Warm halibut with savory sabayon, pickled sea bean relish, shaved radishes and green peanuts. Dallas' new Uchi is not merely a pretty good outpost of Tyson Cole's original in Austin, but a brilliant destination in its own right. 

Warm halibut with savory sabayon, pickled sea bean relish, shaved radishes and green peanuts. Dallas' new Uchi is not merely a pretty good outpost of Tyson Cole's original in Austin, but a brilliant destination in its own right. 

Rose Baca/Staff Photographer

When an awesome restaurant spawns another — and another and another — chances are slim that any of the offspring will impress as much as the original.

And so it is remarkable that Dallas’ new Uchi, the spring chicklet of Tyson Cole’s 12-year-old Uchi in Austin, is not merely a pretty good outpost, but a brilliant destination in its own right.

Uchi

You can see and taste it in a cool dish called akami te: cubes of compressed watermelon, each topped with a slice of bigeye tuna, bathed in a light fish sauce and perfumed with Thai basil, mint and cilantro. Gorgeous as it is delicious, it perfectly captures summer — and expresses Uchi’s modern Japanese aesthetic. So does a quiveringly perfect fillet of warm halibut flanked by fluffy pools of savory sabayon and set off by a bit of pickled sea bean relish, tender green peanuts with softly vegetal flavor, arugula leaves and shaved radish. Did a fairy fly over with the finishing touch — tiny pink-lavender radish blossoms?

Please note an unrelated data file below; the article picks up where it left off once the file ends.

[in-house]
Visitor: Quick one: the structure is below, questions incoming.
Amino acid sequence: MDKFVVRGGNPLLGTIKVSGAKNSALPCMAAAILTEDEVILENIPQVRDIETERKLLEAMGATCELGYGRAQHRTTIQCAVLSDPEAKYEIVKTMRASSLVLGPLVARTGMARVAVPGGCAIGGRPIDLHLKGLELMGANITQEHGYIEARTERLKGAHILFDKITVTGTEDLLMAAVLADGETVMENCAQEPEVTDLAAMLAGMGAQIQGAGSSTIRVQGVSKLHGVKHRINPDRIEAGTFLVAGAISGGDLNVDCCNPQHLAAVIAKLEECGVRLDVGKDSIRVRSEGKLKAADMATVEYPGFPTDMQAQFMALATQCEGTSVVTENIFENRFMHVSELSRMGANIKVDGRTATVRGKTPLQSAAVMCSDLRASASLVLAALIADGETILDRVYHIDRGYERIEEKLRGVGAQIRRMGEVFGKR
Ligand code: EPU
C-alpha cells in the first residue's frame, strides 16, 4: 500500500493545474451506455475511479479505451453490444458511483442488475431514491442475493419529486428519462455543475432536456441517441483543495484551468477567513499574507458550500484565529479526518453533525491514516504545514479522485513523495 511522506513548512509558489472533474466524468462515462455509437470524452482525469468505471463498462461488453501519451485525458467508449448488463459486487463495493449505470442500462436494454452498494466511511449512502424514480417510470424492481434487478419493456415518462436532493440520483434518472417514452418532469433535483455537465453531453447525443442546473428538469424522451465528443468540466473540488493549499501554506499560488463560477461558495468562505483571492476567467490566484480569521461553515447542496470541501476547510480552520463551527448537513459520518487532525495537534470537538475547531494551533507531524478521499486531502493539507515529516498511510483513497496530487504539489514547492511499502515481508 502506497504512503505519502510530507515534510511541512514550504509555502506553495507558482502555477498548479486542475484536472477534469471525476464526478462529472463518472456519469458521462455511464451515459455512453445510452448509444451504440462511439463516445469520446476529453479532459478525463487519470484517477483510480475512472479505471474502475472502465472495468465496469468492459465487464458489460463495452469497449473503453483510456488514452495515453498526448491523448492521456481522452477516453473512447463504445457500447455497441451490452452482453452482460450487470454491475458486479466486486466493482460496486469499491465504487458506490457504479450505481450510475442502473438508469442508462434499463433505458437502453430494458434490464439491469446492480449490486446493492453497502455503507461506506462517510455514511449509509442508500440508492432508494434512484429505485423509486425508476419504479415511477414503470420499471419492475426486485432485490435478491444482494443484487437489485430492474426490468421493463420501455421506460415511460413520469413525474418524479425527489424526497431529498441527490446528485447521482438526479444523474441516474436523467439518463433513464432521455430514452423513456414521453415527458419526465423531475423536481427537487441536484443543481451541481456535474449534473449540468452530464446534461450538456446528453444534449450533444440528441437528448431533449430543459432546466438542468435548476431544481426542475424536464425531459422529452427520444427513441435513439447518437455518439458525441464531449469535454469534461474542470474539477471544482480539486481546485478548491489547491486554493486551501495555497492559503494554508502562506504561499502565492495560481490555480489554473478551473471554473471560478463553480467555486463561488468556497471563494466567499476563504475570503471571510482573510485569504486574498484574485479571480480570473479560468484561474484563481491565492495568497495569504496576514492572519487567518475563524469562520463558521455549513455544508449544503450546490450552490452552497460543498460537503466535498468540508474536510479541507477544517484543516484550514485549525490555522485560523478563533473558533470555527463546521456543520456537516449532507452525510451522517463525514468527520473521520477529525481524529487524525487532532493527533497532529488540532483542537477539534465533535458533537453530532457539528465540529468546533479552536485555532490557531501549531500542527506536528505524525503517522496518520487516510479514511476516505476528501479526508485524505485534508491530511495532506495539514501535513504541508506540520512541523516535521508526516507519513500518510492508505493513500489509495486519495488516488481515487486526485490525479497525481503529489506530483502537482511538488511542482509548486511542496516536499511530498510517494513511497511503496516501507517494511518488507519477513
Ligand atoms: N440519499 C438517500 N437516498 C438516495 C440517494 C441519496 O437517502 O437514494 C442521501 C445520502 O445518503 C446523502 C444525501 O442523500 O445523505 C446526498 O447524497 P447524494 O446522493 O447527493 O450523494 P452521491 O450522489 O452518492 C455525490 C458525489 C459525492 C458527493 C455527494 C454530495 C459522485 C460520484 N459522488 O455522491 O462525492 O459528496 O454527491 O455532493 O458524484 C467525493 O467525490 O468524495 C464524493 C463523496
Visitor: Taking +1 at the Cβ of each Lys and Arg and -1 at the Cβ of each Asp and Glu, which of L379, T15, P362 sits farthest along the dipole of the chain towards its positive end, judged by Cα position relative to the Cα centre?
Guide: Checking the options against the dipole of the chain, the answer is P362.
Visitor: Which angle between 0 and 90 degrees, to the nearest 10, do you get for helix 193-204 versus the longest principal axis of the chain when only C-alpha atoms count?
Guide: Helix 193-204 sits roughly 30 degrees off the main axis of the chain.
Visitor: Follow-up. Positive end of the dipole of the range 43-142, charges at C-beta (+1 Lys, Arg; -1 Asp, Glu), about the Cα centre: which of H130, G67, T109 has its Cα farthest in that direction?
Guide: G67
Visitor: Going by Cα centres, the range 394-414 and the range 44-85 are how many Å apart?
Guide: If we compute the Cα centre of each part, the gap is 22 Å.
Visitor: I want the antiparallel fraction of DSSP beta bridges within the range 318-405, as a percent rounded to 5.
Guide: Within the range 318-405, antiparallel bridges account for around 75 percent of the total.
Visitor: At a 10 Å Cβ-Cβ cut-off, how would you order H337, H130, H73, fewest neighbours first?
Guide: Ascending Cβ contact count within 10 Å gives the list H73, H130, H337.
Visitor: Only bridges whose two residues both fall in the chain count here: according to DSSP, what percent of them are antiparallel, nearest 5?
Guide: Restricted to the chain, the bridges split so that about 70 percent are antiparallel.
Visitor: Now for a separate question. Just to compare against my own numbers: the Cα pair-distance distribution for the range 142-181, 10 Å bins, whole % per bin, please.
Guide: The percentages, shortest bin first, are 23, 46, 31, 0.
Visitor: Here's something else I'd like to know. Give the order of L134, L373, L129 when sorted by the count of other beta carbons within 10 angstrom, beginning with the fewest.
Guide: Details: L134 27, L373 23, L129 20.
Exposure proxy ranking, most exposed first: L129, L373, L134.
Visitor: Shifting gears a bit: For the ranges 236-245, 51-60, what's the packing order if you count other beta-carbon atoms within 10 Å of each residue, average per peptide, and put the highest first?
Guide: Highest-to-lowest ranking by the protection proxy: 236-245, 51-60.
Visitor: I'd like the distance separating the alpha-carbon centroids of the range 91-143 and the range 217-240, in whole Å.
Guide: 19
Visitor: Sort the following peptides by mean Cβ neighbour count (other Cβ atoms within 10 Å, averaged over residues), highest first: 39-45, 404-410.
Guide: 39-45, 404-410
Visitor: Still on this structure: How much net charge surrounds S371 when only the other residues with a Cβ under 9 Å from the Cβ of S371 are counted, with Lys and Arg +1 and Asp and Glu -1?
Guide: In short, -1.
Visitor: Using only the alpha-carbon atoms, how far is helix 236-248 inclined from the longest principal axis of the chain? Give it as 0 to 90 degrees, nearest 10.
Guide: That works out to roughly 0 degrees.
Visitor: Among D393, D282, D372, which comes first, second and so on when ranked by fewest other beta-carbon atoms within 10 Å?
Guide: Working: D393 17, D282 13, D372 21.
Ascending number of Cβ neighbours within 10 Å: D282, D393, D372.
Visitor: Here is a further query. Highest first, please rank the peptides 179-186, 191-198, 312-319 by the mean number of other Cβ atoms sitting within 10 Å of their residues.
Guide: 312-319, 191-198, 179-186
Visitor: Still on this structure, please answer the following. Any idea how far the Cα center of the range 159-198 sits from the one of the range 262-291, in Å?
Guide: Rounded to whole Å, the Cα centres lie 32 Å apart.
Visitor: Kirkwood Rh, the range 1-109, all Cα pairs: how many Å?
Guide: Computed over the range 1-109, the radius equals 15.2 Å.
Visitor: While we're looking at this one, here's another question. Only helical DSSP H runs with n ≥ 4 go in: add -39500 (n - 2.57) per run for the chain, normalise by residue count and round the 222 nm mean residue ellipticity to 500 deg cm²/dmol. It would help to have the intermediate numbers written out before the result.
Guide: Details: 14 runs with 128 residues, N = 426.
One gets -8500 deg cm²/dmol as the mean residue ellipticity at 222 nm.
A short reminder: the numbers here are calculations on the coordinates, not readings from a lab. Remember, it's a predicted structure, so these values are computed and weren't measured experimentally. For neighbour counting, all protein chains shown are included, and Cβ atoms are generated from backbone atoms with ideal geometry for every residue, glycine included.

It’s an incredibly ambitious enterprise, to boot. While Austin’s relatively laid-back, intimate Uchi seats 100, the Dallas Uchi serves 172 at a time in its bustling Maple Avenue dining room, in a stand-alone building that once was a bank. With its poppy-red wallpaper, pecan wood floors, marble sushi bar and futuristic ceramic light fixtures, it echoes the look of the original, but skews jazzier — more Dallas, more noisy, more see-and-be-seen spacious. The outsized pinwheel string art on a back wall (looks like Spirograph!) reads just right as a backdrop for the crowd, svelte women in skimpy dresses and 5-inch heels or glittery flip-flops, polished dudes in smooth cotton.

Cole, the chef-owner mastermind, has been widely recognized on the national stage over the years — he was one of Food & Wine magazine’s Best New Chefs in 2005 and won a James Beard Award for Best Chef: Southwest in 2011. So many a food-loving Dallasite will have tasted, at one of his two Austin restaurants (Uchi or its sequel Uchiko), what he’s all about. The Dallas menu features many of his signature sushi items and dishes, such as machi cure, his elegant Asian spin on nachos. Pick up one of the thin yuca crisps layered artfully on the plate and with it comes a voluptuous slab of lightly smoked yellowtail piled with other flavors and textures that dance on the palate: Asian pear, Marcona almond, slivered negi (spring onion) and a bit of tobiko (flying fish roe) that adds delicate pop. With a sake from beverage director Chris Melton’s superb list — maybe a Wakatake Onikoroshi “Demon Slayer” junmai daiginjo — it’s wonderful.

Nevertheless, the brilliance on the plates here doesn’t reflect only Cole’s genius; it’s a collaboration between Cole and his chef de cuisine, Nilton “Junior” Borges, a Brazilian native who comes to Dallas via New York, where he was executive chef at Amali. While it clearly expresses the Uchi aesthetic, the Dallas menu is fresh, dynamic and ambitious, with Borges’ considerable talent deliciously on display.